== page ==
An attorney for more than 30 years, who has handled cases in every county in Michigan, Mr. Malach heads Lipson, Neilson, Cole, Seltzer, & Garin, P.C.’s estate planning practice group and is the founder of the Center For Estate Planning (CEP). With offices in Michigan and Arizona, the CEP specializes in all aspects of estate planning, from estate administration to lifetime counsel and probate administration work. CEP attorneys work with individuals, closely-held businesses and charitable organizations. Mr. Malach’s practice specializes in elder law, estate planning, probate, wills, trusts and trusts administration.
Contact: Steven Malach
Steven Malach, who heads up the Probate, Trust and Estate Planning section of Lipson Neilson, recently attended the 2017 Annual NAELA (National Association of Elder Law Attorneys) Conference in Boston, Mass. Mr. Malach participated with attendees from across the country in various sessions led by experts in their respective fields including the following topics:
- The future of aging.
- Fiduciary access to digital assets.
- 50 Shades of Gray Hair; Romance in the Nursing Home.
- Updates on Litigation to ensure a client’s wishes are upheld.
The above meetings were held against the backdrop of the historical local background in pursuing life, liberty and the pursuit of happiness.
Mr. Malach is a twenty year active member of NAELA which is active legislatively at the local, State and Federal levels.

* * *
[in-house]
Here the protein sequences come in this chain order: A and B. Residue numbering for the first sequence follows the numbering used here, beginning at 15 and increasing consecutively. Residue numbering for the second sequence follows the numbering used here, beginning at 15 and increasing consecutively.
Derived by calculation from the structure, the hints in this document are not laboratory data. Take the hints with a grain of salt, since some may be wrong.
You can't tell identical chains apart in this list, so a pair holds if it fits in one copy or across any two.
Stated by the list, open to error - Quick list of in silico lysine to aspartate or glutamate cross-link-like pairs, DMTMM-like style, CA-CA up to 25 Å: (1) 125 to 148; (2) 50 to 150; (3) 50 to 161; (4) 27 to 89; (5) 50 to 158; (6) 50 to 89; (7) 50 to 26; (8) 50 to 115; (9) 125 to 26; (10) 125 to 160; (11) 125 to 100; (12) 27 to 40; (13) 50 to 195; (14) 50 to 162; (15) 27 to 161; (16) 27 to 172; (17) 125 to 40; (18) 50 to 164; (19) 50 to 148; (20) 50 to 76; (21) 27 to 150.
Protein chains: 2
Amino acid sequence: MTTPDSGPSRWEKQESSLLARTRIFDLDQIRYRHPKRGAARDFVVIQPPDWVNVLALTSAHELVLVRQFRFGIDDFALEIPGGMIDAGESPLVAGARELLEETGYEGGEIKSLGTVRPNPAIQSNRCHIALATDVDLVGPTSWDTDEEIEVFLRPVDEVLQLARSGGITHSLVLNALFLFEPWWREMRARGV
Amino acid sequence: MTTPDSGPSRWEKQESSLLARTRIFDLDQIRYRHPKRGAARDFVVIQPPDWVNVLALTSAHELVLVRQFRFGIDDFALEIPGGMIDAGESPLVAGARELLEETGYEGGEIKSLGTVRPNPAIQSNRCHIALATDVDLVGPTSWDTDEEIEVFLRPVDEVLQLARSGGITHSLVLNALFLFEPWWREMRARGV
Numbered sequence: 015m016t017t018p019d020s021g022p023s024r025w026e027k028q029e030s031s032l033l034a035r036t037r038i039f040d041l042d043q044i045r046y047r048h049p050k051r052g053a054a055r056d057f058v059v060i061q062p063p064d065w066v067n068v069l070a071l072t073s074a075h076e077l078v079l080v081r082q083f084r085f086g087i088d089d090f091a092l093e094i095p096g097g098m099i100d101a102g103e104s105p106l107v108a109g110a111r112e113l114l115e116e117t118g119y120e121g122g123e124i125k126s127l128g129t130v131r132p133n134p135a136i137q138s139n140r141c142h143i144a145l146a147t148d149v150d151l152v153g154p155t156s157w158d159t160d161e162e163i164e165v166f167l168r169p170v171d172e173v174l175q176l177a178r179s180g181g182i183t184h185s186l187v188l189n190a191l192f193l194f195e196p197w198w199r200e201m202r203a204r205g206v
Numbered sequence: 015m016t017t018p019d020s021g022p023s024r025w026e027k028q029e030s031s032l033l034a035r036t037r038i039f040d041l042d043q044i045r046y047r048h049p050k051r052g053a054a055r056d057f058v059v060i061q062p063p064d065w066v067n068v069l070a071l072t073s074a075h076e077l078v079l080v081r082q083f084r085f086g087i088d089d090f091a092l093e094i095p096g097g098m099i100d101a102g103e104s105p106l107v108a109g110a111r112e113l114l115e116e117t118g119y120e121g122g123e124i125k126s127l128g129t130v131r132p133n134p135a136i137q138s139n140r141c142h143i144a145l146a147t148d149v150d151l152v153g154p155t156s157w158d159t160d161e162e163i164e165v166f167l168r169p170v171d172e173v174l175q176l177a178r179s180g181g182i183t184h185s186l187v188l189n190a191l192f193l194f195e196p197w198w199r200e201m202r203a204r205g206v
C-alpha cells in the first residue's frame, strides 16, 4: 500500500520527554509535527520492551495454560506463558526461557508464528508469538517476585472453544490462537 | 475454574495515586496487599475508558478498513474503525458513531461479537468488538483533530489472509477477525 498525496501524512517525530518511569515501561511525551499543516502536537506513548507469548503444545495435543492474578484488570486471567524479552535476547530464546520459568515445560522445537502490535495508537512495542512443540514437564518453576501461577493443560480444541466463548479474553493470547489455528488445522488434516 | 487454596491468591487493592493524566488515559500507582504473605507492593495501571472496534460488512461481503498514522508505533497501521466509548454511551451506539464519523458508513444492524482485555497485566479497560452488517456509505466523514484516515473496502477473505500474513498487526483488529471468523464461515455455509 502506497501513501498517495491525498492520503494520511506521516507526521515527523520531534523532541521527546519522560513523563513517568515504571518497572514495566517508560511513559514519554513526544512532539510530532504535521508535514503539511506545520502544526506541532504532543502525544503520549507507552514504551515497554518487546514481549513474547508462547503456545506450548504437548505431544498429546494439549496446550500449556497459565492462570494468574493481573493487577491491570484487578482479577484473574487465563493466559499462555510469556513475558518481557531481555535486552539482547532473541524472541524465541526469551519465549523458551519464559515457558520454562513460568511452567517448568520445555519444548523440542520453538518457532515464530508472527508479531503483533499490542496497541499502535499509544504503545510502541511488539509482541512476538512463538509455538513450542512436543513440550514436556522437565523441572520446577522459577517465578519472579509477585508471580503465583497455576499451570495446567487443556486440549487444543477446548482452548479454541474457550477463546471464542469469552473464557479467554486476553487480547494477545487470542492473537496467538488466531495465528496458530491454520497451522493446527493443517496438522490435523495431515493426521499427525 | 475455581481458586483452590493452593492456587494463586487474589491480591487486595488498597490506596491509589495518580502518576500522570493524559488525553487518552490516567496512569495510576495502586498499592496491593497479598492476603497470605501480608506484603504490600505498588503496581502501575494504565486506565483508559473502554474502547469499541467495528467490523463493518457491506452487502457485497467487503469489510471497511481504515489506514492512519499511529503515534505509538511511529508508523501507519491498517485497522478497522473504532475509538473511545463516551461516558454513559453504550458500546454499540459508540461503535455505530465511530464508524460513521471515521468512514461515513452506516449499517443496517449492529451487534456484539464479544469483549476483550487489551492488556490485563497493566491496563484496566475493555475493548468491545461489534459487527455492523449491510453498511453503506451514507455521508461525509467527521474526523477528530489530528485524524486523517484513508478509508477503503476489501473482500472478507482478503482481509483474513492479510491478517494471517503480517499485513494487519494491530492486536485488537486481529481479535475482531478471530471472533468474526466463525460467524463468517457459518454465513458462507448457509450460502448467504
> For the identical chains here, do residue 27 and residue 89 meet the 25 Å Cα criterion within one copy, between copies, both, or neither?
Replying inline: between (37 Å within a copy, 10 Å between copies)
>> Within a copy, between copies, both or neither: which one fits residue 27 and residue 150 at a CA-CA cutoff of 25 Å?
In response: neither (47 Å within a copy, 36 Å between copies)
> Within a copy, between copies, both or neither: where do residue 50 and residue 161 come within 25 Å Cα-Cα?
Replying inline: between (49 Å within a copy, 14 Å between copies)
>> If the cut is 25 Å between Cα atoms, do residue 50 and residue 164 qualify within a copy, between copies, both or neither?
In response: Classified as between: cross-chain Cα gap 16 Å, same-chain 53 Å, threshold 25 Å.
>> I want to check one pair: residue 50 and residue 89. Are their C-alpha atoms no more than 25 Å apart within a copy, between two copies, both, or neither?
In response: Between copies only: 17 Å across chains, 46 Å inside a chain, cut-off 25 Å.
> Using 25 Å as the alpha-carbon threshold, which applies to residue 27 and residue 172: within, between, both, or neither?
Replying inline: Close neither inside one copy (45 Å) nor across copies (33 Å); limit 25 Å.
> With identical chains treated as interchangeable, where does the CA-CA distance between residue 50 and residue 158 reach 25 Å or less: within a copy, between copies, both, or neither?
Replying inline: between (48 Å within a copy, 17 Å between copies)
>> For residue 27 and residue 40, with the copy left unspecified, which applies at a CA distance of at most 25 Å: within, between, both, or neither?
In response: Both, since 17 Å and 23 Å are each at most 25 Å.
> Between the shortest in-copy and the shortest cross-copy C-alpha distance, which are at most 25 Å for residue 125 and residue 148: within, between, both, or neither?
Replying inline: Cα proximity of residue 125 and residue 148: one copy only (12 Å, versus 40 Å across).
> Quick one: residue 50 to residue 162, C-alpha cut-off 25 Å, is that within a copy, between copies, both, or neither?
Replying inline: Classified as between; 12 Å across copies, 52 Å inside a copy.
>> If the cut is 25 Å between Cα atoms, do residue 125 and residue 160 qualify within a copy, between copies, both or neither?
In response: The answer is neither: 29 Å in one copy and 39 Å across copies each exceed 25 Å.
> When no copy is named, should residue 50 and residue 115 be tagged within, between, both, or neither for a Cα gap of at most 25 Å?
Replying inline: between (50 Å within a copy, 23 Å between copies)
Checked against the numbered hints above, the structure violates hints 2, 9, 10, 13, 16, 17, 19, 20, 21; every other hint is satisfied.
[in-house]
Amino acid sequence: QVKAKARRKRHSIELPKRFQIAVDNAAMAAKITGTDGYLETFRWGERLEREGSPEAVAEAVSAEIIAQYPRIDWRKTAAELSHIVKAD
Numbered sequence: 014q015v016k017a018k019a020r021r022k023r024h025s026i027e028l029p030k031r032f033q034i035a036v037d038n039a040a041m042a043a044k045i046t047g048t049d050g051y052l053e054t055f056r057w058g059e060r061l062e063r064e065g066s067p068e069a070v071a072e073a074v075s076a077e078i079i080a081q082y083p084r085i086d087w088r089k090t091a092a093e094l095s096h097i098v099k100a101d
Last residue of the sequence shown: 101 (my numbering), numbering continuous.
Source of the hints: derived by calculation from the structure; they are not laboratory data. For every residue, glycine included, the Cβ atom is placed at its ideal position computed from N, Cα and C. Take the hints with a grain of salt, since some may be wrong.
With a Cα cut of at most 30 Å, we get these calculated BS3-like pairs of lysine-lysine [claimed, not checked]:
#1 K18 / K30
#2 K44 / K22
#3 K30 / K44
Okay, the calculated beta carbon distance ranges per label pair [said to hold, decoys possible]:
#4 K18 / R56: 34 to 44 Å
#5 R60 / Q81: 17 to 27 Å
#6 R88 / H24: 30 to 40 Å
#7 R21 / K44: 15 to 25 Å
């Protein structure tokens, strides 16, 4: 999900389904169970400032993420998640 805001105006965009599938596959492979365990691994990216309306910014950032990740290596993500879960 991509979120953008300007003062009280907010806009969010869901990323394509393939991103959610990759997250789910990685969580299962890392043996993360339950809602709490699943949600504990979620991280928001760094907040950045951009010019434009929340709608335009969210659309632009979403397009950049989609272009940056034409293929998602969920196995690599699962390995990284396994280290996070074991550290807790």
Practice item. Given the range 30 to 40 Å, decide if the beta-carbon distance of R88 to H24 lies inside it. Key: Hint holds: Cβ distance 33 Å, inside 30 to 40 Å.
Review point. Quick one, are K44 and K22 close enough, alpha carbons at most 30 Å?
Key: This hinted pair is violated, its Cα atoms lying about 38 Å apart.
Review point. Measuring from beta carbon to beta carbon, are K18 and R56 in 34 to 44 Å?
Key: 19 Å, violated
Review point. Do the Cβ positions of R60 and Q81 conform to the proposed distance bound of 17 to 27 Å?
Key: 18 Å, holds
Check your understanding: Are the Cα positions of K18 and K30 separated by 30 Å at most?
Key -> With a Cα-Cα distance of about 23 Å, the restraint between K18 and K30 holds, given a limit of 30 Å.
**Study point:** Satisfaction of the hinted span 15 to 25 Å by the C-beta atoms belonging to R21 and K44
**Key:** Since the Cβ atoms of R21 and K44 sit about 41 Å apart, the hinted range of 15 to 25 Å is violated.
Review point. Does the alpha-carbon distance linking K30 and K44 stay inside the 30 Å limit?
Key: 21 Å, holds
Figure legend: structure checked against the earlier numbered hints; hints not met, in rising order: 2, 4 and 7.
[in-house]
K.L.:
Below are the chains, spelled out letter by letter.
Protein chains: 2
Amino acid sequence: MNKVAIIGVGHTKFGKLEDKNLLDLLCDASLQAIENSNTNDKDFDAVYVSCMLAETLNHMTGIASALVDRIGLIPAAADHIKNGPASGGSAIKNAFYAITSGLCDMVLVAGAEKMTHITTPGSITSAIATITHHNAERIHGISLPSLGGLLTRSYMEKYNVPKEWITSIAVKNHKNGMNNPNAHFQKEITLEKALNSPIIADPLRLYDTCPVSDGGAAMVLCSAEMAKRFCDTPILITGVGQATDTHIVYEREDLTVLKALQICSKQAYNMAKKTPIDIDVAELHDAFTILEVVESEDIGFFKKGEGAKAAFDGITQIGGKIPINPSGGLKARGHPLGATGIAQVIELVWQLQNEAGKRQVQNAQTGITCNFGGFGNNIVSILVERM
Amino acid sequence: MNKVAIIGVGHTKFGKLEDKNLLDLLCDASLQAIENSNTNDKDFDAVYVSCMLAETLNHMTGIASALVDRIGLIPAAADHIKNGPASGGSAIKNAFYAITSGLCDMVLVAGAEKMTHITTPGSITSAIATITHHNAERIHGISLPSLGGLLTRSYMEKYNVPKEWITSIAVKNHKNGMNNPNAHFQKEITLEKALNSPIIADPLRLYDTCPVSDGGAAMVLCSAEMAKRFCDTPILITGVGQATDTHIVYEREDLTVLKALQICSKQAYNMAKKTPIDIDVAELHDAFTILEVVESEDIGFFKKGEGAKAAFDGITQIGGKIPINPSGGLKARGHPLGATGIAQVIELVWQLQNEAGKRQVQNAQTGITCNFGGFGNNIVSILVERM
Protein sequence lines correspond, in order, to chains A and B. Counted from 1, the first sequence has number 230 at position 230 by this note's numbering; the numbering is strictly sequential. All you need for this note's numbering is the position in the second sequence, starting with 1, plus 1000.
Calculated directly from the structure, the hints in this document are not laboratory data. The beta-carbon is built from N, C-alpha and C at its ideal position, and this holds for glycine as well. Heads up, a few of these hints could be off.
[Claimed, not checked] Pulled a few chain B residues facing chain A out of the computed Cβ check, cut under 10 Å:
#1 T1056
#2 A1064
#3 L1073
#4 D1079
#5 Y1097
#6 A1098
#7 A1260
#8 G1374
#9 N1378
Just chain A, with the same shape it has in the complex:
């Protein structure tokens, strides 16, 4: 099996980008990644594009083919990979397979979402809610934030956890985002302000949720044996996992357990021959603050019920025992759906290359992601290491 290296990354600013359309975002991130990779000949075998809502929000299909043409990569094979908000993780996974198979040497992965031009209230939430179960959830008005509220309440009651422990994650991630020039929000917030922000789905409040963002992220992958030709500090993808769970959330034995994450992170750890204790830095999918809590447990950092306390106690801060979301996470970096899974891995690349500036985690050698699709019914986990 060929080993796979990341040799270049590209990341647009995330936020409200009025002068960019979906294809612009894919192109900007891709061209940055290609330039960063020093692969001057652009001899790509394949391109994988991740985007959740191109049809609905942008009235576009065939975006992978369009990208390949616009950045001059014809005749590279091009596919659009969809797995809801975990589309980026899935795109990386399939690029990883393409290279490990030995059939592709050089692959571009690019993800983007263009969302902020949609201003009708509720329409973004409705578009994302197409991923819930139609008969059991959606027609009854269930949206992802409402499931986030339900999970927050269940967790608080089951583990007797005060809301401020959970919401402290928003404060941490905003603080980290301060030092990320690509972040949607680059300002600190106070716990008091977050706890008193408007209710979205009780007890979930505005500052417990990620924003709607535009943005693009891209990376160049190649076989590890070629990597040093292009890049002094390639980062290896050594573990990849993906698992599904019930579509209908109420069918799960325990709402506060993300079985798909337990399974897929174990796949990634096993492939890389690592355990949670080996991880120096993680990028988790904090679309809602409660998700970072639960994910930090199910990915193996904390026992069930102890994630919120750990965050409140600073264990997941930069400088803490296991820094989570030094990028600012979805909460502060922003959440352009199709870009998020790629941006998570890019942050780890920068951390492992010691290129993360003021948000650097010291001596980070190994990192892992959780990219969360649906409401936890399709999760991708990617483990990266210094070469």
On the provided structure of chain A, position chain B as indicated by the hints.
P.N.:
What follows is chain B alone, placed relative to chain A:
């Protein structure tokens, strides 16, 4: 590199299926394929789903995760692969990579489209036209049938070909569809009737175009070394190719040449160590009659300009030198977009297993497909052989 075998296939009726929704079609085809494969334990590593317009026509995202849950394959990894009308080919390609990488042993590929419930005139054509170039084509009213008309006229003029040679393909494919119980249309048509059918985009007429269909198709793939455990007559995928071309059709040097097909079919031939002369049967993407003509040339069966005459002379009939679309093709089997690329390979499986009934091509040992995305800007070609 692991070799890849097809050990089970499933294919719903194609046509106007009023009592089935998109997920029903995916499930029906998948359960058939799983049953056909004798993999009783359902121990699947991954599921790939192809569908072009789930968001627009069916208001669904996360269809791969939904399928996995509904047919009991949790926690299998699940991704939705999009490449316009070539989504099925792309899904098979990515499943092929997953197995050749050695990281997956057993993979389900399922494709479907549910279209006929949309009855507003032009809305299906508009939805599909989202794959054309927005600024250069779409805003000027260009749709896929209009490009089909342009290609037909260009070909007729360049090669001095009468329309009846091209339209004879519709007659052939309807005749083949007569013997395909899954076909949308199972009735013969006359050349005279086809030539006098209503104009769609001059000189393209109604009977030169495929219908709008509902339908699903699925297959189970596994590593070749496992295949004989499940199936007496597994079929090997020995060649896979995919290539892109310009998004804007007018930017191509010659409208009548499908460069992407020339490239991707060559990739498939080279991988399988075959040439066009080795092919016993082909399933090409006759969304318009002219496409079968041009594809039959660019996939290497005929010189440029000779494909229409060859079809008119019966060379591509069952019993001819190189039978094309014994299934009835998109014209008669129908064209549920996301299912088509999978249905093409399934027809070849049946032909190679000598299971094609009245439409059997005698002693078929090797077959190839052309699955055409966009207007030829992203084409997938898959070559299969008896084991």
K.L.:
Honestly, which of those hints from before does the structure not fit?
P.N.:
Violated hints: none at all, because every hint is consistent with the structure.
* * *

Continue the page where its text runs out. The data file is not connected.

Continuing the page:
A first responsive motion for summary dismissal of a legal malpractice claim was recently granted in favor of a Defendant-Lawyer represented by Lipson Neilson attorneys Phillip E. Seltzer and Shawn Grinnen. The Defendant-Lawyer represented Plaintiff in a prior criminal proceeding involving his alleged failure to register as a sex offender for a prior offense and engaging in sexually abusive conduct with a minor over Facebook. After waiving the preliminary hearing and obtaining discovery, the Plaintiff decided to terminate Defendant-Lawyer and new counsel was appointed. Defendant-Lawyer formally withdrew via court order.
Over a month later, while represented by successor counsel, Plaintiff entered into a voluntary plea agreement, admitted his guilt of the criminal charges on the record, admitted to the location of the crimes, affirmed that his decision to plead guilty was voluntary and without threats or other inducements, and that he was knowingly waiving his right to trial and defend. While serving a four-year sentence, Plaintiff sued Defendant-Lawyer for malpractice, claiming that the waiver of the preliminary exam was critical since the alleged crimes occurred in a different county and no jurisdictional basis existed for his prosecution or guilty plea in the County Court where he was charged.
As an initial response to the Complaint, the Lipson Neilson team filed a motion for summary dismissal arguing that the claim of legal malpractice was barred because: (i) Plaintiff’s voluntary plea of guilty cut off all causation for Plaintiff’s injuries (wrongful incarceration and loss of business and loss of income) as a matter of law, and (ii) Plaintiffs’ statements on the record, concerning his guilt and the location of the underlying crimes, judicially estopped Plaintiff from asserting the crimes occurred elsewhere or that Defendant-Lawyer failed to raise a jurisdictional argument at the preliminary exam. Additionally, during the dismissal motion hearing, Plaintiff’s asserted for the first time that his plea agreement was not voluntary and he lied under oath because his lawyer supposedly told him to so in order to get a more lenient sentence.